Aniello Piro: Unfortunaetly, the Rockies will have to wait it out and hope that he ultimately chooses to re-sign. The return for any trade involving Arenado likely would not be worth forgoing the opportunity to try and convince him to stay in free agency. Trading him now would be a gut punch to the organization and its fans. At this time, the Rockies need to do everything in their power to lock him up before the season starts, something that seems unlikely as I wrote earlier in the month. Letting Arenado hit the market would be a big roll of the dice for the Rockies. Being that 2019 could be Nolan’s last as a Rockie, the club should do everything in their power to show him they can be title contenders should he decide to re-up.

Luke Zahlmann: Wait and see. Arenado is the franchise pillar. After Troy Tulowitzki was traded to the Toronto Blue Jays, and even before then, Arenado was already the of face of the franchise. In free agency, he will likely fetch a $300-plus million commitment from the highest bidder. If the club is unable to lock him up prior to the season beginning, they would be wise to wait. Not only would the franchise wait to see if he continues his torrid pace and would be willing to sign following the season, but also how well the entire team performs.

If the Rockies begin to falter, with Arenado still on the roster, the team may be wise to survey his market for contending teams. Instead of risking the loss of their superstar for nothing, trading him for a package similar to what the Baltimore Orioles fetched for Manny Machado would make sense. While it would be advantageous for the club to lock up the services of a career .291/.346/.539 hitter prior to the conclusion of the offseason, the lack of an extension at the season’s onset leaves the franchise with little options outside of waiting.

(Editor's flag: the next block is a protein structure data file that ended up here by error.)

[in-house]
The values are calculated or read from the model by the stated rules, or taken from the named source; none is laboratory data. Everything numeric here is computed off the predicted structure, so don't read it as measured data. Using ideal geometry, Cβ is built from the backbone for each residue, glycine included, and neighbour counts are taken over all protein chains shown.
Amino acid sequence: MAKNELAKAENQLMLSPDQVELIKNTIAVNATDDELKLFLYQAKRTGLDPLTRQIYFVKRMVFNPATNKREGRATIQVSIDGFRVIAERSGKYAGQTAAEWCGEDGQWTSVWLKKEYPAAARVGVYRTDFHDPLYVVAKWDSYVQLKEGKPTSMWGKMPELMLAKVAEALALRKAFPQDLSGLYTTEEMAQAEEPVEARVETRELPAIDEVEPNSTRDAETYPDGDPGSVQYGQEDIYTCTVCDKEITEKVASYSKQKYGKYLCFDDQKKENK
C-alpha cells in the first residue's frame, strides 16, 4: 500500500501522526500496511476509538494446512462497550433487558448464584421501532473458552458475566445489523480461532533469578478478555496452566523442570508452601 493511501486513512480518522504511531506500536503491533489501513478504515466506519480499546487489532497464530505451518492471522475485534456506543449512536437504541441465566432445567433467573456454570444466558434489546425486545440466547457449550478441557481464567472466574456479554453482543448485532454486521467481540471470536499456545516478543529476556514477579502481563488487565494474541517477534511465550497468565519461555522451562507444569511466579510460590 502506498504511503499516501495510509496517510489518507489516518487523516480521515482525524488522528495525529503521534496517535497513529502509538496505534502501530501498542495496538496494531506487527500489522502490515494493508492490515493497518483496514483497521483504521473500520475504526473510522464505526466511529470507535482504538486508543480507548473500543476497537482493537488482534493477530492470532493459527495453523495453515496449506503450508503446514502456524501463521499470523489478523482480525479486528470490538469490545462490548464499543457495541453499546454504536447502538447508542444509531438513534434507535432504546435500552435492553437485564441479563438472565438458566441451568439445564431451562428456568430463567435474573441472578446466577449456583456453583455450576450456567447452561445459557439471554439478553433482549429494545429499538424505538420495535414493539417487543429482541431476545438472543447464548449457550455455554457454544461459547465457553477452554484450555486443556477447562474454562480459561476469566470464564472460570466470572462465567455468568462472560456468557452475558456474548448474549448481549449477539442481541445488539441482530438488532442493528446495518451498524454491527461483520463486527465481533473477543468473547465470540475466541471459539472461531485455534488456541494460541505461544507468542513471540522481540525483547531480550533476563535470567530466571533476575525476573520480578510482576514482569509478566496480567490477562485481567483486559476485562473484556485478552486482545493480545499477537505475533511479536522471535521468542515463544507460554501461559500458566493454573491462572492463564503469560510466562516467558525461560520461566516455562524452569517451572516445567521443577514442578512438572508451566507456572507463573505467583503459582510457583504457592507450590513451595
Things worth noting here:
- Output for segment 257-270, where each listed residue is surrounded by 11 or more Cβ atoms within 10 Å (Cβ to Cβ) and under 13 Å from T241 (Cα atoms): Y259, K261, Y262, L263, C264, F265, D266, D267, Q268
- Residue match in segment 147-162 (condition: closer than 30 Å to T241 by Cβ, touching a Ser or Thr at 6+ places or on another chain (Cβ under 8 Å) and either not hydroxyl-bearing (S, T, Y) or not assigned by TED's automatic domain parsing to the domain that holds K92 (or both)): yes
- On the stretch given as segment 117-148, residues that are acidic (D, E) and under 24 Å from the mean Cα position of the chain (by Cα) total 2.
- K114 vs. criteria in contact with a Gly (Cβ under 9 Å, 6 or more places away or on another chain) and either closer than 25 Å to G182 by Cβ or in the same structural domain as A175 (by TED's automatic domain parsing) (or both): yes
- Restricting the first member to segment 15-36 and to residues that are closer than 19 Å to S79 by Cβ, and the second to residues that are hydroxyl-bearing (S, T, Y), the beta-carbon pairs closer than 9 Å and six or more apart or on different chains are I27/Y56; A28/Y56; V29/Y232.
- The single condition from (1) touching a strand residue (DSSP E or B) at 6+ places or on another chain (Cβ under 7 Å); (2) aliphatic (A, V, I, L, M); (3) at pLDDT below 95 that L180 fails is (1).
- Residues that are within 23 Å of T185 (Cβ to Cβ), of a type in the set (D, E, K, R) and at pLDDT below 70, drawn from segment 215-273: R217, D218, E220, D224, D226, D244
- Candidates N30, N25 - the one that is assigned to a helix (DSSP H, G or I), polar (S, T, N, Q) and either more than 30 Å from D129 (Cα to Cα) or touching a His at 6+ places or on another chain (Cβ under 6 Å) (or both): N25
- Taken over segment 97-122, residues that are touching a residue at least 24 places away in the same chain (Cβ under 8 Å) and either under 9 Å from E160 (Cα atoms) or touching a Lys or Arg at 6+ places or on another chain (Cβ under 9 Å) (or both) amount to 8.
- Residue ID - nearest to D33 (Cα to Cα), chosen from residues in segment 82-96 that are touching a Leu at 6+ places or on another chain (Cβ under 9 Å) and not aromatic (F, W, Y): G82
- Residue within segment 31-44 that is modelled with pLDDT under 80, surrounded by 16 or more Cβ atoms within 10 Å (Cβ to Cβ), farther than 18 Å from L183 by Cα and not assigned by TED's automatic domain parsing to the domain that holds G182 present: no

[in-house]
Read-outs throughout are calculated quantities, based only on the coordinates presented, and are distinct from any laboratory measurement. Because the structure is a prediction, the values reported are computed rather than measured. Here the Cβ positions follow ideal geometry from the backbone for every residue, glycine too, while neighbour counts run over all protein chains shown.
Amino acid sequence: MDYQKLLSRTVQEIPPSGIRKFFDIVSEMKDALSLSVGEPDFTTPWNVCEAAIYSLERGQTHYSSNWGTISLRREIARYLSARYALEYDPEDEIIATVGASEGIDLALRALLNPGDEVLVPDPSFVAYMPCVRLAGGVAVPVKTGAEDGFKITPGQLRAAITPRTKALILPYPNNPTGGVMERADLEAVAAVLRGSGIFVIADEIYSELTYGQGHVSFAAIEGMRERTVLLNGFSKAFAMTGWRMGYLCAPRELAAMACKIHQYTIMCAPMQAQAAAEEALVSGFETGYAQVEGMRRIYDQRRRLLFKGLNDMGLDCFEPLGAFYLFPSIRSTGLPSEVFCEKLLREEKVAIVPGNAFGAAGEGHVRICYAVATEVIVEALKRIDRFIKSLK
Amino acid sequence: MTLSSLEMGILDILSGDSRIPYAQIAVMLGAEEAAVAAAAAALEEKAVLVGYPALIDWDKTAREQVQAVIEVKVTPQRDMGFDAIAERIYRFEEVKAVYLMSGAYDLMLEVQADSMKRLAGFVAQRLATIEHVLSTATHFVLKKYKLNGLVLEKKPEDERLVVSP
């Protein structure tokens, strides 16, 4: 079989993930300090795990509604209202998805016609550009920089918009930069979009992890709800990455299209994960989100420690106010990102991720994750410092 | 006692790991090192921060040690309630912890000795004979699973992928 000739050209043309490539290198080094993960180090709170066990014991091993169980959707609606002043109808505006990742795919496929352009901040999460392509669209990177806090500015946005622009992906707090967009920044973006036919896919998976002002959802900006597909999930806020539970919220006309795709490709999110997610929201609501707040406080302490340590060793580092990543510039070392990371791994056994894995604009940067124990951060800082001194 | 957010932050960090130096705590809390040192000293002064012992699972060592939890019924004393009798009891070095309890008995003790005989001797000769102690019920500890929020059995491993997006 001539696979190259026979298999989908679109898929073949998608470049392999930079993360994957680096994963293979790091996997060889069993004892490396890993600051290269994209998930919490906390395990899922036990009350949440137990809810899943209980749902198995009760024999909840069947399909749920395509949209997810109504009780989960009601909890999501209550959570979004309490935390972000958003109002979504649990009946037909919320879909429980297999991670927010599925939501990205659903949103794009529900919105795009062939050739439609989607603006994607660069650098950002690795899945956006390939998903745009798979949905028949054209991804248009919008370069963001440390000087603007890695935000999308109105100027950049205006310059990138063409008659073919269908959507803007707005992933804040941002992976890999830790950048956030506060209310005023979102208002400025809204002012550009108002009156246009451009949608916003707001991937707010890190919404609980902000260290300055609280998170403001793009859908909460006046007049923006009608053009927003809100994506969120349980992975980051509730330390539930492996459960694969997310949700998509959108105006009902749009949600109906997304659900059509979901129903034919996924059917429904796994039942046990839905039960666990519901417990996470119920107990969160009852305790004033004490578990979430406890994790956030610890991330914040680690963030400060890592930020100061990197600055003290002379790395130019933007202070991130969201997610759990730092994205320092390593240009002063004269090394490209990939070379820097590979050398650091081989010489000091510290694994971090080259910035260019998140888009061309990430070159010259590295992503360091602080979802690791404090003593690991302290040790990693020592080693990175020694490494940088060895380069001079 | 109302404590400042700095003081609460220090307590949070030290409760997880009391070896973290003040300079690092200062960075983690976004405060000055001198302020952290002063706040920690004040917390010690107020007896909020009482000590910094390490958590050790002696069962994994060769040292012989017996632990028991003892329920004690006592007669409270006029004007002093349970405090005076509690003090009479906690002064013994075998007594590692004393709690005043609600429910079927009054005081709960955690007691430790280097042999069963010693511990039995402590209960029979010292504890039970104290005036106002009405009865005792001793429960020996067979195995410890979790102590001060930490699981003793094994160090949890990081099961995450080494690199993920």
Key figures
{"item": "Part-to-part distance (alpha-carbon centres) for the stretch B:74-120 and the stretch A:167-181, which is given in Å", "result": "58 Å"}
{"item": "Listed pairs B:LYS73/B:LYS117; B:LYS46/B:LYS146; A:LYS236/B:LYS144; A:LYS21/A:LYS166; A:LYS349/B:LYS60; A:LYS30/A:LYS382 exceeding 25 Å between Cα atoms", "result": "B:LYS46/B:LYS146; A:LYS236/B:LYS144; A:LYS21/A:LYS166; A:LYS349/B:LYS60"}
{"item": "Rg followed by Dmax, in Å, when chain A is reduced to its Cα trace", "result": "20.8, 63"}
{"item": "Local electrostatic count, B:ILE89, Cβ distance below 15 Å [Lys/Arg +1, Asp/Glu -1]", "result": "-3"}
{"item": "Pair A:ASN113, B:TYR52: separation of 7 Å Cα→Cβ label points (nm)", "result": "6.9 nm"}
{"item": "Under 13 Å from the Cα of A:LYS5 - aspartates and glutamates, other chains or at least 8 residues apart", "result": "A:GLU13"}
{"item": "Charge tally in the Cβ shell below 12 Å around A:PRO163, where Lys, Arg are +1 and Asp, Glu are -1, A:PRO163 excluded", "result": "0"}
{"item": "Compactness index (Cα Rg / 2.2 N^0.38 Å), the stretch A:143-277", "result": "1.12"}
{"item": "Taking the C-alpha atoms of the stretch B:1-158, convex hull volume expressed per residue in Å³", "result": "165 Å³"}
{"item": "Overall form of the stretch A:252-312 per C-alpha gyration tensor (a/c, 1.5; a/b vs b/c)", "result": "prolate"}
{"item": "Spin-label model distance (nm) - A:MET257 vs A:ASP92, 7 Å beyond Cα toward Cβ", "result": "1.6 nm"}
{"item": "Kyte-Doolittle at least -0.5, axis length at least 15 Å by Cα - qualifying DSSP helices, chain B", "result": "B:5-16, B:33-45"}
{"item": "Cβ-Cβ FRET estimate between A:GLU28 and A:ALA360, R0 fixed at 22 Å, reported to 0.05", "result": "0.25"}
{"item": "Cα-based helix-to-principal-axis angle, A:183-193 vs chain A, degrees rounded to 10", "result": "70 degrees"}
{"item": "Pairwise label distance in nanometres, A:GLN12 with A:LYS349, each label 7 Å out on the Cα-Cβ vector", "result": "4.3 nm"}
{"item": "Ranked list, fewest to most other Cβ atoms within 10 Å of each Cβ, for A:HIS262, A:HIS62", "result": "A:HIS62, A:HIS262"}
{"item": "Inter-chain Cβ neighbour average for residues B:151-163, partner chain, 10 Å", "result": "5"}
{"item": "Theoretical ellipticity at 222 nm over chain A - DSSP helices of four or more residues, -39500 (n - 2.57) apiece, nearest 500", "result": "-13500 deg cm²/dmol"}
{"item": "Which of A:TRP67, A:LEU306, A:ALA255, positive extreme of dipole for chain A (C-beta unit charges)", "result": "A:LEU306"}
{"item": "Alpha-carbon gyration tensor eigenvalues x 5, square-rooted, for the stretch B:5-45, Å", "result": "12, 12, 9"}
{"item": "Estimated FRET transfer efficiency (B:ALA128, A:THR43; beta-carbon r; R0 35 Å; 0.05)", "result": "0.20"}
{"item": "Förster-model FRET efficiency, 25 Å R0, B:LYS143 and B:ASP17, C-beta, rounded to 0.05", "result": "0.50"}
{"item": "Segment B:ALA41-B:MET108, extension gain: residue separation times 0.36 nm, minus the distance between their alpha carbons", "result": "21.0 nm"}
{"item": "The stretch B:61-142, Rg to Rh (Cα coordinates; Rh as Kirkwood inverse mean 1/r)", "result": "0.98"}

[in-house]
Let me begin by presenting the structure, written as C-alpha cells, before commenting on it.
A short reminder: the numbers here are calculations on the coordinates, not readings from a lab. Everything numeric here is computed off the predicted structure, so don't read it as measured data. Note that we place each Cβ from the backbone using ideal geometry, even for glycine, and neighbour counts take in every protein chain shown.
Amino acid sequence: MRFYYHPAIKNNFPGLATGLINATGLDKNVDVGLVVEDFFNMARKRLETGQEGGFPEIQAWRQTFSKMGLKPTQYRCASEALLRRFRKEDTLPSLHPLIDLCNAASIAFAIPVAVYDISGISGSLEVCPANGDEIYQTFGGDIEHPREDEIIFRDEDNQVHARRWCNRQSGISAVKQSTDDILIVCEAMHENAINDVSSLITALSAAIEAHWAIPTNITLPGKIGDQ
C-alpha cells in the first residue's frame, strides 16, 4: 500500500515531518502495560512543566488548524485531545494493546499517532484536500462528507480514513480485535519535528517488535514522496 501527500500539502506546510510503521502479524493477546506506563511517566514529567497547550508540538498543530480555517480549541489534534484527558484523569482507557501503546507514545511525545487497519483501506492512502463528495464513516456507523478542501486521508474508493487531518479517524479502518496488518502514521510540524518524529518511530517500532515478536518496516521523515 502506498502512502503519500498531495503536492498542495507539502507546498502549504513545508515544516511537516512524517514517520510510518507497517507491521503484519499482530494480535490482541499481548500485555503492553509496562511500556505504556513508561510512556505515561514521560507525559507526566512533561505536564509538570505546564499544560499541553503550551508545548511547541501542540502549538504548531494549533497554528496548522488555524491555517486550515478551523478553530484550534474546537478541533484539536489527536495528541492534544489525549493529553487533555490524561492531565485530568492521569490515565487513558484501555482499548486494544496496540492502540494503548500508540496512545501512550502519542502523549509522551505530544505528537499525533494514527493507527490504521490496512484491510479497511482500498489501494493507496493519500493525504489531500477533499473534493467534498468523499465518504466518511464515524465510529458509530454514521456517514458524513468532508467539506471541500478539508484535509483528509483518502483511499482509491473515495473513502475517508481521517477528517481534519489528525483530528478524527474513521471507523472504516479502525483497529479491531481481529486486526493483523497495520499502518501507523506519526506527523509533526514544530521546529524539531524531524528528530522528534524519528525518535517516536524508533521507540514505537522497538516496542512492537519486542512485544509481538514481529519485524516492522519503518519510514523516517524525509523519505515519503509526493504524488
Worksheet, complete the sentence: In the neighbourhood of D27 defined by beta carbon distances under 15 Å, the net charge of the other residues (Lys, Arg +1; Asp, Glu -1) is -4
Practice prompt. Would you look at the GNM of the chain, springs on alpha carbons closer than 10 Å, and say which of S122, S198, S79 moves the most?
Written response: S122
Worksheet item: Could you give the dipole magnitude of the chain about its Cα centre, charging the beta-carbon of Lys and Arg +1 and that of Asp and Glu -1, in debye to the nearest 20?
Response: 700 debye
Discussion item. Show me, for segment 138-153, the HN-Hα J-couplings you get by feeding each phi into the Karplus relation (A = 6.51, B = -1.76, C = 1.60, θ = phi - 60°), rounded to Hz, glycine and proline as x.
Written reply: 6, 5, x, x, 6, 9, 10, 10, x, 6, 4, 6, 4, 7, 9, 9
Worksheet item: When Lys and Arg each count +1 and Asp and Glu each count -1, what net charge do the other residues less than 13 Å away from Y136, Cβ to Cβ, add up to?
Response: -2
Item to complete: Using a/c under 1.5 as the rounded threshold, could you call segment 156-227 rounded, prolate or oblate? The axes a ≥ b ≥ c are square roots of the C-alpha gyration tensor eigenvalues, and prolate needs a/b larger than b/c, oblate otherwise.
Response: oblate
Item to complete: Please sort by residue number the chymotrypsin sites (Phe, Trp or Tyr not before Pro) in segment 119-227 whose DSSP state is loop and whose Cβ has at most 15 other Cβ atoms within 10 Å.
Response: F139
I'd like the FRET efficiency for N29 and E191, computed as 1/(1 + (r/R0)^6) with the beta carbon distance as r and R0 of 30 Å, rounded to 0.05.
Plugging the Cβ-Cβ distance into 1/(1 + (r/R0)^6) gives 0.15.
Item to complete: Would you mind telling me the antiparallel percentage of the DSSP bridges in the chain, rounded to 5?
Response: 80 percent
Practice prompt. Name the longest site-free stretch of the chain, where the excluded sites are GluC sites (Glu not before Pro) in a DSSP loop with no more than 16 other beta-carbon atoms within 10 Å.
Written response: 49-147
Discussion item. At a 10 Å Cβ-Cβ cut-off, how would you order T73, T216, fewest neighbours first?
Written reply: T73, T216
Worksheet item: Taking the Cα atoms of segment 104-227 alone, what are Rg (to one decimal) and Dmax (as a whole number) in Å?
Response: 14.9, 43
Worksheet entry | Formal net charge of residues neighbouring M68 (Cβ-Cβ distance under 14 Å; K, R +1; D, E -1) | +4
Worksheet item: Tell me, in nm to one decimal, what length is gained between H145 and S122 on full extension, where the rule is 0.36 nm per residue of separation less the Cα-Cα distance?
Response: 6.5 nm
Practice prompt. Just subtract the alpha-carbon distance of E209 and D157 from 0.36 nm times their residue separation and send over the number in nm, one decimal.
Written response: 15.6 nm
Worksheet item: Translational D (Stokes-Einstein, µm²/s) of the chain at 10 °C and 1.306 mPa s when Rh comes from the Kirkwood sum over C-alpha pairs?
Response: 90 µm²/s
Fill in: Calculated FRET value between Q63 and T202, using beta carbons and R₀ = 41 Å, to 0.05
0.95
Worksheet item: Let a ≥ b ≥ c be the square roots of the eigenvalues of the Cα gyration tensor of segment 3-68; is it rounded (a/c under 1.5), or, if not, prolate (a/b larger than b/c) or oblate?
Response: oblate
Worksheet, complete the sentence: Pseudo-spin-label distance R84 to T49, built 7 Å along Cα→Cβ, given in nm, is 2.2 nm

What should the Rockies do with Ian Desmond?

Aniello Piro: The Rockies will probably move Desmond to the outfield following the signing of Murphy. The move is probably for the best because Desmond never looked comfortable at first base and has experience playing in the outfield. At this point, Desmond has been a total bust following the five-year, $70 million contract he signed in 2016. The Rockies best bet is to play him somewhere he is familiar with and hope he can get back on track. Desmond can be a fourth outfielder type for the Rockies, a role that is probably best suited for him at this point in his career.

Luke Zahlmann: As rumored already, the team is going to look at making Desmond a utility guy, a wise decision. In his first two years with the club, Desmond has provided minimal value to the club. Slating him into an everyday position, whether it’s first or a corner outfield spot would once again plague the club’s lineup. At this point in his tenure with the franchise, the Rockies are very unlikely to pick up his option in three years and would be better served to just cut their losses and utilize him as a filler for injured players. With playing time around the infield and outfield, Desmond would serve as an adequate all-around bench player. It’s not ideal for one of the higher paid players on a roster to serve a minimal role, but the club has little choice.